07/11/2014 03:22 pm ET Updated Sep 10, 2014

Boomers Who Can't Commit... Is That All There Is?

I have heard the siren's song of Peggy Lee's "Is that all there is" echoing in the background, as mid-life men and women complain about each other's inability to commit, moving from partner to partner in some abstract and increasingly apathetic, masked ballroom affair. Fretful, ambiguous lovers, sing sweet sonnets of longing for the one, while their secret song whispers in morbid tones; commitment is the death of all possibility.

Boomers are an experiential people. It has been their strength; the courage to explore, to reach out for something different, something new. However, it may also be their weakness, failure, and curse, as they have wandered through innumerable liaisons, never staying long enough to fully experience the heights and depths of intimate, meaningful, and long lasting relationship.

And it came to pass

Mid-life men and women are the products of a generation of parents who, due to the economic realities of the time, had no leisure, freedom, or respite from responsibility or commitment. In addition, these parents endured the literal life and death struggles of World War ll. Their reward was the opportunity to see their sons and daughters explore and examine the possibilities, released from an unending struggle for survival. Boomers were taught, early on, to take their time, see the world, and enjoy the fruits of their parent's labor. It was a monumental exercise of social and sexual freedom, of going to the moon.

The Re-Definition of Womanhood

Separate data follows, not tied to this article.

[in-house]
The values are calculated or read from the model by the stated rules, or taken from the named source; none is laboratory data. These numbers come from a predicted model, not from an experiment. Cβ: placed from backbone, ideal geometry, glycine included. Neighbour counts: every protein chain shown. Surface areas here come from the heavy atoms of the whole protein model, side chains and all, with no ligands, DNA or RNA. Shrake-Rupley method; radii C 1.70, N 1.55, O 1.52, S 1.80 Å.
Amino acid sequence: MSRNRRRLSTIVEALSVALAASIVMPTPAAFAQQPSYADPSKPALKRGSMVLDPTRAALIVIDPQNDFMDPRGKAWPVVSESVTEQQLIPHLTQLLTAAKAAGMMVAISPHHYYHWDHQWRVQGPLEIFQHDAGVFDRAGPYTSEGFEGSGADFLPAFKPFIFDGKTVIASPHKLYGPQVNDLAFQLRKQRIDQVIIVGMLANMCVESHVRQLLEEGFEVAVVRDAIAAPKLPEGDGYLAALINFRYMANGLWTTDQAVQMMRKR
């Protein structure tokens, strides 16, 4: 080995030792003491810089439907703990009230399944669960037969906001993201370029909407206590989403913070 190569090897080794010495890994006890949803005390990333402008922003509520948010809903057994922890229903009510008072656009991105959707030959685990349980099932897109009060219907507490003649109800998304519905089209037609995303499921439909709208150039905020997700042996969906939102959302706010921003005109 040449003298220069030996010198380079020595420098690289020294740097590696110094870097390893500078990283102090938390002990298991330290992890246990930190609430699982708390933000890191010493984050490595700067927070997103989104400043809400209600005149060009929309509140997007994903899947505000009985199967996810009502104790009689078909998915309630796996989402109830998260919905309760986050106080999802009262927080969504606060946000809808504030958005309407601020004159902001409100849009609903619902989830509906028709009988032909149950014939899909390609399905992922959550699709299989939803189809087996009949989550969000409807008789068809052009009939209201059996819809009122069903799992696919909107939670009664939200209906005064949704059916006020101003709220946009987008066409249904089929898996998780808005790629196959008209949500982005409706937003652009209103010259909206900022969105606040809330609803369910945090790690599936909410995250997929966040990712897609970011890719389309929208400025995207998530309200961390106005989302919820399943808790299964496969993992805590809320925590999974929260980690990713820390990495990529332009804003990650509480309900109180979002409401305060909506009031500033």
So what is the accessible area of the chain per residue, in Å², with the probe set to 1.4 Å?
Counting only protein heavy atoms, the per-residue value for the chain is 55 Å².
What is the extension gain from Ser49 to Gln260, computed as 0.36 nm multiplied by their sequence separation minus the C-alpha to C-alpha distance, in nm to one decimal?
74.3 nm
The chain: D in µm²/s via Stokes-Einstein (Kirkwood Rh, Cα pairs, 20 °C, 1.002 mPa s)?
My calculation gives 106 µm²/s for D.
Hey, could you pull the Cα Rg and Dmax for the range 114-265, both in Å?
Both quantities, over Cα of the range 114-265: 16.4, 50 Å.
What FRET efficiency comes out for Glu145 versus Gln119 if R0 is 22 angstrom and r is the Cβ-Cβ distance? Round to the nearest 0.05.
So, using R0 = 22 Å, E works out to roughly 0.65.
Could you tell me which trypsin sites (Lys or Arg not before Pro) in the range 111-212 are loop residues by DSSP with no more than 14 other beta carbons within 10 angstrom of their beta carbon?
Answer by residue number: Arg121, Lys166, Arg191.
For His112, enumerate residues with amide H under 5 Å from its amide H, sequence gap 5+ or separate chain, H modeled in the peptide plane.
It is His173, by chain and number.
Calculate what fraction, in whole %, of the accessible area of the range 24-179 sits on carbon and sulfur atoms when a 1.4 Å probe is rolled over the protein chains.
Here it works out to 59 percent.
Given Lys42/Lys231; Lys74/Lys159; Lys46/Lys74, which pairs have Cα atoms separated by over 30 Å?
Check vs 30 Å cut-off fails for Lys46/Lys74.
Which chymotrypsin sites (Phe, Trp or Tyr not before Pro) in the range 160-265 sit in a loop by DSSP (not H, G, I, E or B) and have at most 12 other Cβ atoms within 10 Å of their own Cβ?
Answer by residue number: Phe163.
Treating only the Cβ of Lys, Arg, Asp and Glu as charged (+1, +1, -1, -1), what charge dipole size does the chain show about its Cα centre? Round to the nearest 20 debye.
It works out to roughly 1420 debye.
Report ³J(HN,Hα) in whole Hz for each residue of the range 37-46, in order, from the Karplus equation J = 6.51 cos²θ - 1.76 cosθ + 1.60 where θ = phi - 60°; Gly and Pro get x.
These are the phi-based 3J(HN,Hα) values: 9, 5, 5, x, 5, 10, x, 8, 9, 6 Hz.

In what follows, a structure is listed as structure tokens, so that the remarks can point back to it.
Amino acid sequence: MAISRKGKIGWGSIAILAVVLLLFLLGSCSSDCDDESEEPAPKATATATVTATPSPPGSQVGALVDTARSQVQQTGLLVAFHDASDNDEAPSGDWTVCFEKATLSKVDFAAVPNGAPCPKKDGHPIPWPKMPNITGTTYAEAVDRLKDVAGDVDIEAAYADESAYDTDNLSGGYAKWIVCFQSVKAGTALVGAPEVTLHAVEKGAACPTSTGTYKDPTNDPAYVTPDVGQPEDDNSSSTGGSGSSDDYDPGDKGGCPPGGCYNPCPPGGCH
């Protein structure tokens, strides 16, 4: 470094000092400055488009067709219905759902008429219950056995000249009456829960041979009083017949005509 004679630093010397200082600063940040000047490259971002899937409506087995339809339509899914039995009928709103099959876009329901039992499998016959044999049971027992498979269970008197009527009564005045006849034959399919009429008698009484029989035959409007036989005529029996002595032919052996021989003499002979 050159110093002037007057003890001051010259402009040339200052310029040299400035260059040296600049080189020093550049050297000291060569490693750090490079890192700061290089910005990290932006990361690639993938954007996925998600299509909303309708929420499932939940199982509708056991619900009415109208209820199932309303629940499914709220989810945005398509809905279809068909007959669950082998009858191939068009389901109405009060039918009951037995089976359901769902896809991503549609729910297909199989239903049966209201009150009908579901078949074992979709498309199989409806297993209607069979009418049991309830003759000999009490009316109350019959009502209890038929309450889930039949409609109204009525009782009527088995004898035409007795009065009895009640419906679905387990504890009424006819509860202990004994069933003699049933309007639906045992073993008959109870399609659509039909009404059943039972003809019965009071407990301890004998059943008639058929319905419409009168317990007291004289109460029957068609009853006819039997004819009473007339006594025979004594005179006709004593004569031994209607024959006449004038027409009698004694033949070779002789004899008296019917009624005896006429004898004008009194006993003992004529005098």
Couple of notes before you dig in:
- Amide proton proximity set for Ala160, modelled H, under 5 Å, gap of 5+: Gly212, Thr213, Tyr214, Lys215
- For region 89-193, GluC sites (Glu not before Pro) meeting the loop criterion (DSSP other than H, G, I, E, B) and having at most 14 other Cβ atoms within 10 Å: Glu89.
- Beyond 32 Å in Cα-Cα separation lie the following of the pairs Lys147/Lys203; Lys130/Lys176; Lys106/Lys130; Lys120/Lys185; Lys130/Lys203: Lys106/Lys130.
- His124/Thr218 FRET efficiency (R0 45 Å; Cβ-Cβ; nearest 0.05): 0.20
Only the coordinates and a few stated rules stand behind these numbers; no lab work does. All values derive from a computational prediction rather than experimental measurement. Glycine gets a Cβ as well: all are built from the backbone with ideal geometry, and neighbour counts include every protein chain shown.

The Baby Boomer generation is also one of the first to attain some semblance of equal financial opportunity and independence for men and women. The young women of that day, now mid-life, did not and do not need men as they once did, and mid-life men have endured a lifetime of absorbing and adjusting to this great change. And yet, no one is to blame, as mid-life and older women have trail-blazed their way in the world, forced to re-imagine multi-generational notions of committed love and relationship along the way.

However, both sexes may have stubbed their toes on this new road of relationship, resorting to less than honorable behaviors in a misguided attempt to hold on to distorted views of freedom; failed definitions of choice, control, and responsibility to one another.

Foggy Faithfulness

Foggy Faithfulness, a term taken from Brent Mattingly's study on ambiguous and deceptive relationship practices, may be emblematic of how some Baby Boomers stave off intimate and long term relationships. Floating definitions of commitment may be purposely kept ambiguous, so that extradyadic behaviors cannot be examined to closely for fidelity. Private internet relationships, sexting, texting, and misdirecting, along with the time honored, omissions of truth, may simply be defense mechanisms against intimacy and commitment for a generation culturally hard-wired to a grass is always greener approach to life.

Experience, Growth, and the Richness of Relationship

As a long term addicted optimist (why? it's simply, more fun!), I am constantly preaching the gospel of awareness, leading to understanding, then progressing to managed changes of behavior. We grow tired of our distress at the way things have been, and weary of our feelings of unfulfillment. That is the beginning of change. Many mid-life men and women have had a lifetime of experiencing unsatisfying relationships. They are ready to lay their cognitively distorted cards on the table; to re-imagine life with another, and the nature of long term, committed relationship.

I have heard that writers Mike Stoller and Jerry Lieber, and singer Peggy Lee, had disagreements over the meaning of "Is that all there is," with the writers holding a nihilistic viewpoint that nothing we do really matters, while Ms. Lee said "It's about the experiences you go through in life, necessary for growth." I'm going to walk the line on this one and agree with both sides. While our successes, failures, accomplishments, and defeats may mean nothing in the end, it is through cherished relationship along the way, both with our environment and with people, that we experience richness in our brief journey.